On Sunday, Felix Baumgartner successfully completed a jump from 24 miles above the earth, free falling at a speed of more than 700 miles per hour before landing safely on the ground. In case you missed the livestream of his feat, here are three videos that show you what happened. The video above shows the entire jump. If you didn't see the event live online, watch it. The video immediately below shows a one-minute-and-30-second version of the jump from Red Bull. It includes all of the spine-tingling moments packed into a tight edit, including Baumgartner's leap from the capsule and his out-of-control, end-over-end spin in the earth's upper atmosphere. The last video shows a re-creation of the jump using legos. No further explanation should be needed for you to click play on it.
On Sunday at 11:31 a.m. EST, 43-year-old Austrian daredevil Felix Baumgartner lifted off in
a capsule attached to a 55-story balloon made of plastic one-tenth the
thickness of a sandwich bag and floated roughly 24 miles into the air so that he could
jump. "One of the most exciting moments was standing out on top of the world, 30 seconds before stepping off," Baumgartner said.
After Baumgartner stepped off, he added multiple extreme records to his resume. Here are the details of his slow rise and supersonic fall, focusing on the numbers.
On July 8, 25-year-old journalist Filipe Leite straddled one
of his two horses and rode out of the Calgary Stampede under the escort of the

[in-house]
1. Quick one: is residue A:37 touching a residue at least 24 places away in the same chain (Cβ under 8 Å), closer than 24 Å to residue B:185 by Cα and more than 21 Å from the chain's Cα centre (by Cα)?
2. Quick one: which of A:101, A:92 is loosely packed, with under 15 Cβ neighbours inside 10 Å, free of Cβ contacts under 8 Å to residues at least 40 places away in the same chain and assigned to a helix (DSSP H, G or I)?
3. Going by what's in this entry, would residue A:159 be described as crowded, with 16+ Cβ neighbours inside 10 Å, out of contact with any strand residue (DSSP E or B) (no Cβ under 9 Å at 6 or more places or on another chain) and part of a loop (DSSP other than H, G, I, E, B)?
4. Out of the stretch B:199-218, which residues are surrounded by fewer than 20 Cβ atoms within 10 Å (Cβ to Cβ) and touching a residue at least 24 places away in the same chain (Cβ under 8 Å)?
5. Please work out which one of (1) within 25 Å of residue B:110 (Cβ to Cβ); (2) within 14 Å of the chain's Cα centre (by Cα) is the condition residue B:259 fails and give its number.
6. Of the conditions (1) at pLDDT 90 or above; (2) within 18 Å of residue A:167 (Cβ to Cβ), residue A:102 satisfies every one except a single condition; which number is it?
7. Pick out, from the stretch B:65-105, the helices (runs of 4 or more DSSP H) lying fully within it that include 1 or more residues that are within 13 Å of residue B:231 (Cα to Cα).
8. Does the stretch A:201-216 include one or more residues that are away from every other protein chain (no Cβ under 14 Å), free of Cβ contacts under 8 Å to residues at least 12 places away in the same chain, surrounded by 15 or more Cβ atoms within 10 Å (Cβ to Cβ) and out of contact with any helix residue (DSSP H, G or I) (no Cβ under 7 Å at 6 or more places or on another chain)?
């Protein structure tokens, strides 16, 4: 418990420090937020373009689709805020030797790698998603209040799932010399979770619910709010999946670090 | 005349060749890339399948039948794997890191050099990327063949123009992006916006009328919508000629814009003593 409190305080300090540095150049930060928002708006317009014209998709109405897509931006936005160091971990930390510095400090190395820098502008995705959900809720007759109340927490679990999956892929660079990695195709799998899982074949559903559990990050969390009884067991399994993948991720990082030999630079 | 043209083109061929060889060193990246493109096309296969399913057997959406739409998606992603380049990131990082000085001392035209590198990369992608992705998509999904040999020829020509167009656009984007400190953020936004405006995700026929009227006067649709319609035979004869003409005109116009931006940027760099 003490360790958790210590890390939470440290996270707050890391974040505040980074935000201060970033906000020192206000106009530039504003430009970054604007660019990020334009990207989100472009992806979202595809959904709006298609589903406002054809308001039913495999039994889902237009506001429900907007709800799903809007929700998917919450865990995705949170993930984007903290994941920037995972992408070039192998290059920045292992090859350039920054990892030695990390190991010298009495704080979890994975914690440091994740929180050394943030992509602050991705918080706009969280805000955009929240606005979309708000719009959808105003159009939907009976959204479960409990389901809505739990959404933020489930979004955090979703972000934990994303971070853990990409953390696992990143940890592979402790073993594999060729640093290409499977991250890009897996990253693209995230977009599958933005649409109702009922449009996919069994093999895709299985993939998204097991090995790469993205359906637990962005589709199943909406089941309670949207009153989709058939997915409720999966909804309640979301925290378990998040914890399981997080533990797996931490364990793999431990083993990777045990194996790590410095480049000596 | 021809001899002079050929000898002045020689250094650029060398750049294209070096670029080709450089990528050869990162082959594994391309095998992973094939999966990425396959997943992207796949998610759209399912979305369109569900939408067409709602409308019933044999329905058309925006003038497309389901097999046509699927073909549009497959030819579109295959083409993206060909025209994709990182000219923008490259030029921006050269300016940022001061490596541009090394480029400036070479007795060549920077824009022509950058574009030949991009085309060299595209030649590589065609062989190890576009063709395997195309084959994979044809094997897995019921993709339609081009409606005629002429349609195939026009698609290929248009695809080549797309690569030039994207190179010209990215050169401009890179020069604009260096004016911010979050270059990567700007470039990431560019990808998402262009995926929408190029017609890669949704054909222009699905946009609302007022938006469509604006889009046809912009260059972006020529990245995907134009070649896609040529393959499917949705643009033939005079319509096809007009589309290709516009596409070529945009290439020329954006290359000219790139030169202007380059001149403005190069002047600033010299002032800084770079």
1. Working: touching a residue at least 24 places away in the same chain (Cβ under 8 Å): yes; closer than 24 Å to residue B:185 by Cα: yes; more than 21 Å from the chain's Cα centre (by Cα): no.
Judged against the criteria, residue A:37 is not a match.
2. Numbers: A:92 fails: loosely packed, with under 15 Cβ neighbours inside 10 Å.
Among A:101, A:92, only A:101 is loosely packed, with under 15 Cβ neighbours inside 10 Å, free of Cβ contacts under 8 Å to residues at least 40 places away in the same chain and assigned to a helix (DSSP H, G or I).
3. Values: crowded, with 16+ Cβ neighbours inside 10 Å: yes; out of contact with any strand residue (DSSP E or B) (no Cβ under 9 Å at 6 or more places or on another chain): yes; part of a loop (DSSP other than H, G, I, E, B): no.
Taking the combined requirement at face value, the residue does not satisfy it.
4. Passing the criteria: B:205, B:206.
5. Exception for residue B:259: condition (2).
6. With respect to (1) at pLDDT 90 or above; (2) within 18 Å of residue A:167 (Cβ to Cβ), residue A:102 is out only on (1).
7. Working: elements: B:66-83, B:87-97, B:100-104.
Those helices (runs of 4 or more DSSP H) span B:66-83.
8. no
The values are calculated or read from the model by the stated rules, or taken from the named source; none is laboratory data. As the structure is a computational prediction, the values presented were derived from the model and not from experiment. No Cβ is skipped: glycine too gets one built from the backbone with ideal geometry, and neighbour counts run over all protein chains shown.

Royal Mounted Police to start a 10,000-mile, two-year-long, 12-country journey that he hopes will end on his family’s ranch in Brazil. To understand the
motivations for the cowboy's quest, it helps to start with his birth. His father,
a cowboy, named him Filipe because it means friend of horses in Portuguese. He
rode a horse before he could walk. As a little boy, his father told him the
story of Aime Tschiffely, a Swiss schoolteacher who decided to ride
from Argentina to New York City in 1925 on a pair of horses. Tschiffely rode
over 16,000-foot mountain ranges, down into humid tropical jungles, and slept
in Indian villages on his way through Central America. He didn't make it to New York City, but landed in
Washington, D.C., where he was greeted at the White House by President Calvin
Coolidge in 1928. “Of high adventures, hairbreath
escapes, and deeds of daring, there were
few; yet in all the annals of exploration I doubt if any traveler, not
excepting Marco Polo himself, had more leisure than I to see and understand the
people, the animals, and plant life of the countries traversed,” said Tschiffely
in an article about the expedition.
Leite said Tschiffely's journey inspired him. The Brazilian hopes to chronicle his expedition in
a documentary. For now, he is resting in Delta, Colorado, roughly 1,000 miles from
his start in Canada. He estimates it will take him another a year and nine months of riding before he arrives home at his family’s ranch in the small town of Espirito
Santo do Pinhal, Brazil. “My horses will be retired there where they will enjoy
fresh water and green grass for the rest of their days,” says Leite. “I'm
giving them to my little sister. She's six years old now and will spoil them to
We caught up with the cowboy by email to find out a bit more about his journey.